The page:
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4.2 out of 5 stars125
4.2 out of 5 stars
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on 26 June 2014
Everyday Robots is heavy. It’s an album weighed down by a kind of lovelorn resignation to modern life’s challenges. It’s there from the opening moments… shuffling out of the shadows and gently clunking, twinkling and wheezing towards the lovely conclusion of ‘Heavy Seas of Love’. Damon sings of the stuff that sits wearily on his shoulders.

There’s something of early Boards of Canada’s landmark hymns to nostalgia in the tone and feel of the album. It’s dense with sound. Things click and whirr. Voices echo in and out of time. Yet the whole thing breathes. It’s open and warm and there’s space enough to climb inside to let it all wash over you. Listened to from afar, it might drift a little. The jaunty excursion of Mr Tembo aside, this is a mono-paced mooch of an album. On occasion the songs drift in to one another, woozily lurching from idea to idea.

It’s beautiful, though. Just listen. Melancholy melodies come and go. Unexpected musical twists catch the ear. The whole thing ebbs and flows. Its hands are dug in pockets and eyes are only for the ground, but its bones and heart are full of hope.
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He's good, that Damon Albarn, isn't he? I've known and liked his work for years, but I can't claim to be a real Albarn aficionado so others may have more informed insights into this album. For what it's worth, though, I think this is a very fine album. It has a rather laid-back, often jazzy feel to it, reminding me of some greats of the 70s and 80s. I was reminded of people like Robert Wyatt, Paul Weller, Pink Floyd in Grantchester Meadows mode, even the more mellow side of Lou get the idea. It's great stuff, beautifully produced with pretty stripped-down backing but a lovely rich sound.

The songs are a varied and interesting bunch. As you'd expect from Albarn they are melodically and harmonically excellent and have enjoyable and intelligent lyrics. If there is an overall theme it is the dehumanisation of modern life and how we interact with electronics more and each other less. The album's opening line, "We are everyday robots on our phones..." and lines like, "It's hard to be your lover when the TV's on..." strike home well, I think.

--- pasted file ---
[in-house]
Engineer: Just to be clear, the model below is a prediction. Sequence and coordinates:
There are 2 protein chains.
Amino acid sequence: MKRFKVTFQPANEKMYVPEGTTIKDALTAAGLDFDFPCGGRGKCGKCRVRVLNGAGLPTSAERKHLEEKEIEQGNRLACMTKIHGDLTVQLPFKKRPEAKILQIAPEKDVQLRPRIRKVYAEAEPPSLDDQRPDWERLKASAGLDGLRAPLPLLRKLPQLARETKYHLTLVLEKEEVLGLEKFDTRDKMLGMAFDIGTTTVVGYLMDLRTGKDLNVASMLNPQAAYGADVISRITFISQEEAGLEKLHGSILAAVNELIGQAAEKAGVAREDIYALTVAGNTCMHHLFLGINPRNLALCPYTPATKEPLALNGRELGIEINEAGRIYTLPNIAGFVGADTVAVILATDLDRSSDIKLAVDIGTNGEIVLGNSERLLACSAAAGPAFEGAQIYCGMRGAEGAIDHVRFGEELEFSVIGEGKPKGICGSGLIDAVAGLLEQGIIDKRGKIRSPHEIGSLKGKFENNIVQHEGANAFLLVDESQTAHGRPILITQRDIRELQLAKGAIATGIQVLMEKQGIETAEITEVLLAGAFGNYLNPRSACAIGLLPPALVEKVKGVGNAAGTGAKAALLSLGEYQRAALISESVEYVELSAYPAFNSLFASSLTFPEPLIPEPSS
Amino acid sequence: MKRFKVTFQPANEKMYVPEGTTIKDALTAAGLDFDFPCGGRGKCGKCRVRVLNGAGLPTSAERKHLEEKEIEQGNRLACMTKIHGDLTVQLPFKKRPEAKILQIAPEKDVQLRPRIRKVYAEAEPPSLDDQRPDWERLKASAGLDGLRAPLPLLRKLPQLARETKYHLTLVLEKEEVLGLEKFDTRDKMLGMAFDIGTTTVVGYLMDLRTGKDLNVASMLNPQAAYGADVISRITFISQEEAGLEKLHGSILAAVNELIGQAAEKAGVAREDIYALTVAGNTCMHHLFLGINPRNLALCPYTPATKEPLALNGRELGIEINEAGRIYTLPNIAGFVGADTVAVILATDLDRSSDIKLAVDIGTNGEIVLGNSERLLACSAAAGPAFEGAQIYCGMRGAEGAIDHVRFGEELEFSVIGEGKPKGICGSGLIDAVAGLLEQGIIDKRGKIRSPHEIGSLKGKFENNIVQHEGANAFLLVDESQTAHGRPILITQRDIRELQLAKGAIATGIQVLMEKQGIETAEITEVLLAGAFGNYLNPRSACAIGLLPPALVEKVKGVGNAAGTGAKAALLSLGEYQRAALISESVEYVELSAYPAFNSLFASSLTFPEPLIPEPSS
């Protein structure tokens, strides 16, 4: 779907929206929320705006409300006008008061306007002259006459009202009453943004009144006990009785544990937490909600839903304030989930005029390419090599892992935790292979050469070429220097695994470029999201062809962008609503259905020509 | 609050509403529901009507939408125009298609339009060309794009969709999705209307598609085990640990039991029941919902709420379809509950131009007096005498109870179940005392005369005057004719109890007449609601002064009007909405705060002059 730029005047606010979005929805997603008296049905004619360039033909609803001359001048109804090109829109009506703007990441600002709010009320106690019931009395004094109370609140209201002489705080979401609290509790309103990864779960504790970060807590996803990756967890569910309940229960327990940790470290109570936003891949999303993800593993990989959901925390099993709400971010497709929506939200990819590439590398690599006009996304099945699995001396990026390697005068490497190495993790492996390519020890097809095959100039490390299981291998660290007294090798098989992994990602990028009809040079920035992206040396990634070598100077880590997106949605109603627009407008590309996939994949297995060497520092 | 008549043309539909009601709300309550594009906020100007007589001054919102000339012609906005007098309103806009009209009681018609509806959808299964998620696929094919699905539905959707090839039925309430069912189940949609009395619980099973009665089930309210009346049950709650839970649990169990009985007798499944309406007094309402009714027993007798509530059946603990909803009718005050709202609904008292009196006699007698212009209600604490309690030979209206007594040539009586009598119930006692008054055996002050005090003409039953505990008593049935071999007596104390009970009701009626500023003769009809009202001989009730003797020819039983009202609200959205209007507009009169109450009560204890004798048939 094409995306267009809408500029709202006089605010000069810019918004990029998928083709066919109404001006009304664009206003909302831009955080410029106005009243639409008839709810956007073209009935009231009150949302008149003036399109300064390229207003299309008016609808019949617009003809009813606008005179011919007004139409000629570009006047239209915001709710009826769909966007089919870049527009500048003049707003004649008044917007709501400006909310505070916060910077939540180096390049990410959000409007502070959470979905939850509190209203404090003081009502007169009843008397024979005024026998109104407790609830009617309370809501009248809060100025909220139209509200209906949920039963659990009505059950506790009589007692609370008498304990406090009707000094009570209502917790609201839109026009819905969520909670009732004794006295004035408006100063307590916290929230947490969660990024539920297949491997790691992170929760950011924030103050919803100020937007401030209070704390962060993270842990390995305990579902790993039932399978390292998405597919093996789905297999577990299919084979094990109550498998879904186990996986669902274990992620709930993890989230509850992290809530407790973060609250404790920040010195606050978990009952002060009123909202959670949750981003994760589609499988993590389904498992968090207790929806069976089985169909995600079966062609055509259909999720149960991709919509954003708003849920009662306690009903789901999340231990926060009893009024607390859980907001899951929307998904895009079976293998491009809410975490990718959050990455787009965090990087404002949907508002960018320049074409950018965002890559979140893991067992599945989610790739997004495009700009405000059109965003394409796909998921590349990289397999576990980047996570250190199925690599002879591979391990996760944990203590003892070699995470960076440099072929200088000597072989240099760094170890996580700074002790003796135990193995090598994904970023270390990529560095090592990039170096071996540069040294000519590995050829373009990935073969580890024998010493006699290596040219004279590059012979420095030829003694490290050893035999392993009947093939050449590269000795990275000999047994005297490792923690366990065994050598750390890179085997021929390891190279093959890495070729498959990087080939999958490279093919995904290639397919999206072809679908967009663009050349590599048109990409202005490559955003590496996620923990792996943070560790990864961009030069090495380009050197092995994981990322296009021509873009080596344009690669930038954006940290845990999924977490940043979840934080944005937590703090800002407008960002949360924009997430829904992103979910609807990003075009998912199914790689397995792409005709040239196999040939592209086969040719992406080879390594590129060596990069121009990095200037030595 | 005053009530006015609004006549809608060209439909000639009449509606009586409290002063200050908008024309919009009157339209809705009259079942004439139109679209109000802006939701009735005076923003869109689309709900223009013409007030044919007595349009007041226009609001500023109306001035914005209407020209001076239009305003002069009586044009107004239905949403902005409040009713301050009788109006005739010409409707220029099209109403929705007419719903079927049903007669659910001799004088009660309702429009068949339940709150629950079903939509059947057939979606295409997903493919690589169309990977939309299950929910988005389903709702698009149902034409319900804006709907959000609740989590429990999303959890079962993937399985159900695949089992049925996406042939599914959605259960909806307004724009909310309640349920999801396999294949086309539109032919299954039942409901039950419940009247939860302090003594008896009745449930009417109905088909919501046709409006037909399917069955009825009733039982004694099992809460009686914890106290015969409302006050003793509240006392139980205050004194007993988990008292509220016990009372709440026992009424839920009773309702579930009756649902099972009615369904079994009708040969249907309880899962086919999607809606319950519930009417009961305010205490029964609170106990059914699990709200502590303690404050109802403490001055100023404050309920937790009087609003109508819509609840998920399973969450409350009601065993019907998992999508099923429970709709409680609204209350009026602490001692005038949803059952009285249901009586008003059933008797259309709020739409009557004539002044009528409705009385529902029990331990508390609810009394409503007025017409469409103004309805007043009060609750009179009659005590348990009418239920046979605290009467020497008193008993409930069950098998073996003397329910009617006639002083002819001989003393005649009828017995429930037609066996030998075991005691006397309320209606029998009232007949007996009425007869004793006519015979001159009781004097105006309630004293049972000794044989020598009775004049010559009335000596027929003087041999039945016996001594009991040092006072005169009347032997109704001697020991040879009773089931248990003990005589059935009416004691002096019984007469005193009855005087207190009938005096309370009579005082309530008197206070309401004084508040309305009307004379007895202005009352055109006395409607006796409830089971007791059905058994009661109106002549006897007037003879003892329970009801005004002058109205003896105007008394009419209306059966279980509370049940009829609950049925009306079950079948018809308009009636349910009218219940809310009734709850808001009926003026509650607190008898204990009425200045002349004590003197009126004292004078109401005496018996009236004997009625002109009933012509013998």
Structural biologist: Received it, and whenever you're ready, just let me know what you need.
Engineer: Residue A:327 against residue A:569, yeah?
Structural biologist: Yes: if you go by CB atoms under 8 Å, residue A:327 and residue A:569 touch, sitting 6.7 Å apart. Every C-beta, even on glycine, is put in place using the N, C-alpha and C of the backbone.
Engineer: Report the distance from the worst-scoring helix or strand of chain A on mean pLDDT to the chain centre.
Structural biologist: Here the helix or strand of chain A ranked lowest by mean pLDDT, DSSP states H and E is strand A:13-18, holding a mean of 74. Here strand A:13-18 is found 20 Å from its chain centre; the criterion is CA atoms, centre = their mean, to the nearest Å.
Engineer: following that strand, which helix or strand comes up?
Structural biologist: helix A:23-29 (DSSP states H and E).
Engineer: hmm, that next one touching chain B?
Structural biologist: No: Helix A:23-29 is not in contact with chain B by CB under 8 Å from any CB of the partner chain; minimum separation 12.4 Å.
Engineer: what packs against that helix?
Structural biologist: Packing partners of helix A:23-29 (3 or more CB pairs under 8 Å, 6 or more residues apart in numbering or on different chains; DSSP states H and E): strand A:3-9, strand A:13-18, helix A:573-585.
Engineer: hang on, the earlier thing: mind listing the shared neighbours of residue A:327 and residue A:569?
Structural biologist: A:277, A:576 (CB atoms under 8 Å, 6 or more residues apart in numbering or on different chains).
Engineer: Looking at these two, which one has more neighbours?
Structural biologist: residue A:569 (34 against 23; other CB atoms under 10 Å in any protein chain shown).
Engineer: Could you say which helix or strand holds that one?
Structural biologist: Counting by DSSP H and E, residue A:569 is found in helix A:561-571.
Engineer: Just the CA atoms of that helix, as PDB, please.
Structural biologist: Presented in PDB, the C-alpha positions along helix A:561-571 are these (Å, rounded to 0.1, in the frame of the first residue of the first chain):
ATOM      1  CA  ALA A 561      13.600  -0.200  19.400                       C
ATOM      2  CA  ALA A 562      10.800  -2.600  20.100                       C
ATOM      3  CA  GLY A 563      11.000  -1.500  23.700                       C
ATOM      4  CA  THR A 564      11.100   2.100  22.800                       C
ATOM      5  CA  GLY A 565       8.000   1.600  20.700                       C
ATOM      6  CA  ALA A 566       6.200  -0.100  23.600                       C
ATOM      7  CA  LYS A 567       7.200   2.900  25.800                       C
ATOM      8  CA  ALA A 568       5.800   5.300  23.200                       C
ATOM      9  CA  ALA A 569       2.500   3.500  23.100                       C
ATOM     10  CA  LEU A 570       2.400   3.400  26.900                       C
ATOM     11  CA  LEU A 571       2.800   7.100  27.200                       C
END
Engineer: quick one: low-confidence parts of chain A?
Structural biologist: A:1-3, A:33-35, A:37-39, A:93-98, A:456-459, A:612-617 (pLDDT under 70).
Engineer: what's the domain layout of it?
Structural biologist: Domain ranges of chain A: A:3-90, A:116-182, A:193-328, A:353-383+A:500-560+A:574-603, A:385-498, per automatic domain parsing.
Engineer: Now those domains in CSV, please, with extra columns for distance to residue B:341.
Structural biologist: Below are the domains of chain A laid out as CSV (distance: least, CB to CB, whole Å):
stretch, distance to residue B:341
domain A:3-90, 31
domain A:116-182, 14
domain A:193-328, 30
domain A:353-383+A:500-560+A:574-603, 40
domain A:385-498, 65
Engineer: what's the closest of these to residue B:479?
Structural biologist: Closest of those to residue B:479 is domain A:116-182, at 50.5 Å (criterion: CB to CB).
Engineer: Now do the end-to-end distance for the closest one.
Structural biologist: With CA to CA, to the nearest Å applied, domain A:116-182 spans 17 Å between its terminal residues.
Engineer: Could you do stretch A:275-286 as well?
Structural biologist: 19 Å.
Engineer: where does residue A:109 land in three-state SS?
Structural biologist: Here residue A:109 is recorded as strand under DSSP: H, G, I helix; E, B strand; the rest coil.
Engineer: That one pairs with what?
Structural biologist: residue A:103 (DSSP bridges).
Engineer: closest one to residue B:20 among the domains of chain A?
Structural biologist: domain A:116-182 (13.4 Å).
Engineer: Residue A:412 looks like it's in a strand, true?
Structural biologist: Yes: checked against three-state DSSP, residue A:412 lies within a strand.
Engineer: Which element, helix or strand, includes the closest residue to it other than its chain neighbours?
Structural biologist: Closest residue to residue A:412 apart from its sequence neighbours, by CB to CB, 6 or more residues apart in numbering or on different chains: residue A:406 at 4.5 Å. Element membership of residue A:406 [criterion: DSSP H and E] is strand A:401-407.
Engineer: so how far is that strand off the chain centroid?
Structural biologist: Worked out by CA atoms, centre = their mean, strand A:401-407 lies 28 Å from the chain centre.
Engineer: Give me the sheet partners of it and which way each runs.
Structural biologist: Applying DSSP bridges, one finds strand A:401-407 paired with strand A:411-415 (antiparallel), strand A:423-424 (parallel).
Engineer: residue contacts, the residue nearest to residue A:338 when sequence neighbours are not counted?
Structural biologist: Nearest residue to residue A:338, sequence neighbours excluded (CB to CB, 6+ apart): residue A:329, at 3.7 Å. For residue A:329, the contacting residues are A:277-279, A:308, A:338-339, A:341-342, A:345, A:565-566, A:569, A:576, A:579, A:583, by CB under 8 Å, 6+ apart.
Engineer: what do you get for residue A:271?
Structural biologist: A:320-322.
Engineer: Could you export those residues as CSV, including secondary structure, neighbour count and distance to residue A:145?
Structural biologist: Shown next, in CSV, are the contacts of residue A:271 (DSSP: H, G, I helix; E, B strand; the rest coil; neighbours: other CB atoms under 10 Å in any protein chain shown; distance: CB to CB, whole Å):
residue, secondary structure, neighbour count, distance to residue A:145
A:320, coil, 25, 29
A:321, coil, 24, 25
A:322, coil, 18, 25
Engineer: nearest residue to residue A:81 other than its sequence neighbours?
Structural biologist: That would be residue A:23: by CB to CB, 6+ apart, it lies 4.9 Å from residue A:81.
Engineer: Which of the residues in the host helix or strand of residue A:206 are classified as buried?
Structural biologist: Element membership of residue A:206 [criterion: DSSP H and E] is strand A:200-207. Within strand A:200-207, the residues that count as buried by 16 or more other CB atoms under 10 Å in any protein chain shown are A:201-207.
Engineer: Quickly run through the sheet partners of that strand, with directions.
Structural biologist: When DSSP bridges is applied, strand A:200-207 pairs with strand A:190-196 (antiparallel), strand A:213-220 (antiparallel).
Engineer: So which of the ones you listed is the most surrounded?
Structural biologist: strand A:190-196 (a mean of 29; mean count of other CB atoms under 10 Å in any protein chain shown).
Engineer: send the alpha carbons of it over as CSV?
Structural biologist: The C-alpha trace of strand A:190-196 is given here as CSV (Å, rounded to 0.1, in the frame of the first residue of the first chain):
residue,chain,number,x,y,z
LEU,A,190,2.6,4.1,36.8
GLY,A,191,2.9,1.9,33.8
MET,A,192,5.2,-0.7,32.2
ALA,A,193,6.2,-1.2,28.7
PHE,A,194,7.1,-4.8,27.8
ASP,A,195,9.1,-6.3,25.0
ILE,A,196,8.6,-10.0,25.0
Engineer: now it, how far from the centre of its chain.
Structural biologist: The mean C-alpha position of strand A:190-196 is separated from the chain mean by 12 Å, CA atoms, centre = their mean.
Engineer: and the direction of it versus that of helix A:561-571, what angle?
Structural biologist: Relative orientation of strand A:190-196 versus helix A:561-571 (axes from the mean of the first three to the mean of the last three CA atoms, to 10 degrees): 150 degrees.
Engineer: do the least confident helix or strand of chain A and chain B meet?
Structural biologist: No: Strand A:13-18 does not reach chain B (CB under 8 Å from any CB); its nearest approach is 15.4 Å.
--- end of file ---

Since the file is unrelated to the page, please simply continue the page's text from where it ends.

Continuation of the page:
I've listened to this album a lot (I was lucky enough to receive an advance copy), and am continuing to do so with great pleasure. It will be part of the soundtrack to many people's summer, I suspect, but there's real meat here and I think it will last a lot longer. I'd recommend it very warmly.
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TOP 500 REVIEWERon 15 February 2015
As far as I'm concerned, Damon Albarn, the frontman of Blur and Gorillaz is a god in the world of music, and his debut album, released last year has been long overdue and much anticipated. 'Everyday Roberts' did not disappoint me, and I think it's absolutely beautiful, not to mention catchy. I should point out straight away that the music here is nothing much like the material of his two big bands, this is almost a completely new sound, and a showcase of his abundance talents.

With honest, reflectful lyrics and a variety of instruments and production, 'Everyday Roberts' is very pleasing on the ear. My personal favourite song is the quirky 'Mr. Tempo', a jolly little track that makes me feel warm each time I hear it and the one I find myself playing on repeat until I realise that it's now the seventh consecutive time, it should have been a big hit. The title track is stunning, like a Radiohead song with a robots theme, and 'Heavy Seas of Love' and 'Lonely Press Play' are equally wonderful slow-burners.

Damon Albarn is such a versatile talent and a very creative guy. If you are looking for a great album, I highly recommend that you buy your copy of 'Everyday Robots' today, and pre-order the upcoming Blur album which is out in April, music with Mr. Albarn really is something!

The deluxe edition is available here: Everyday Robots [CD+DVD], and contains a bonus DVD, featuring the official promotional video of the title track 'Everyday Robots'.
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Everyday Robots by Damon Albarn : A restrained, subtle and often subdued collection of songs. It's a beauty.

I have listened to it every day since procurement a week ago and the tunes are setting up home inside my skull. Why, I just went for a long-distance run over the hills of South London and the mournful chorus of "Selfish Giant" looped in my head for the entire workout (complete with fluttering flute). A day or so ago I was grocery shopping and the gorgeous piano trickles of "Hostiles" were providing a sedate soundtrack to my vegetable selections.

When walking my nephew through the park, the sun emerged from behind a cloud and the uplifting gospel chorus of "Mr Tembo" was immediately poured in to my mind tank. (The ukelele on "Tembo" is also worthy of note as it is wonderfully cheerful.)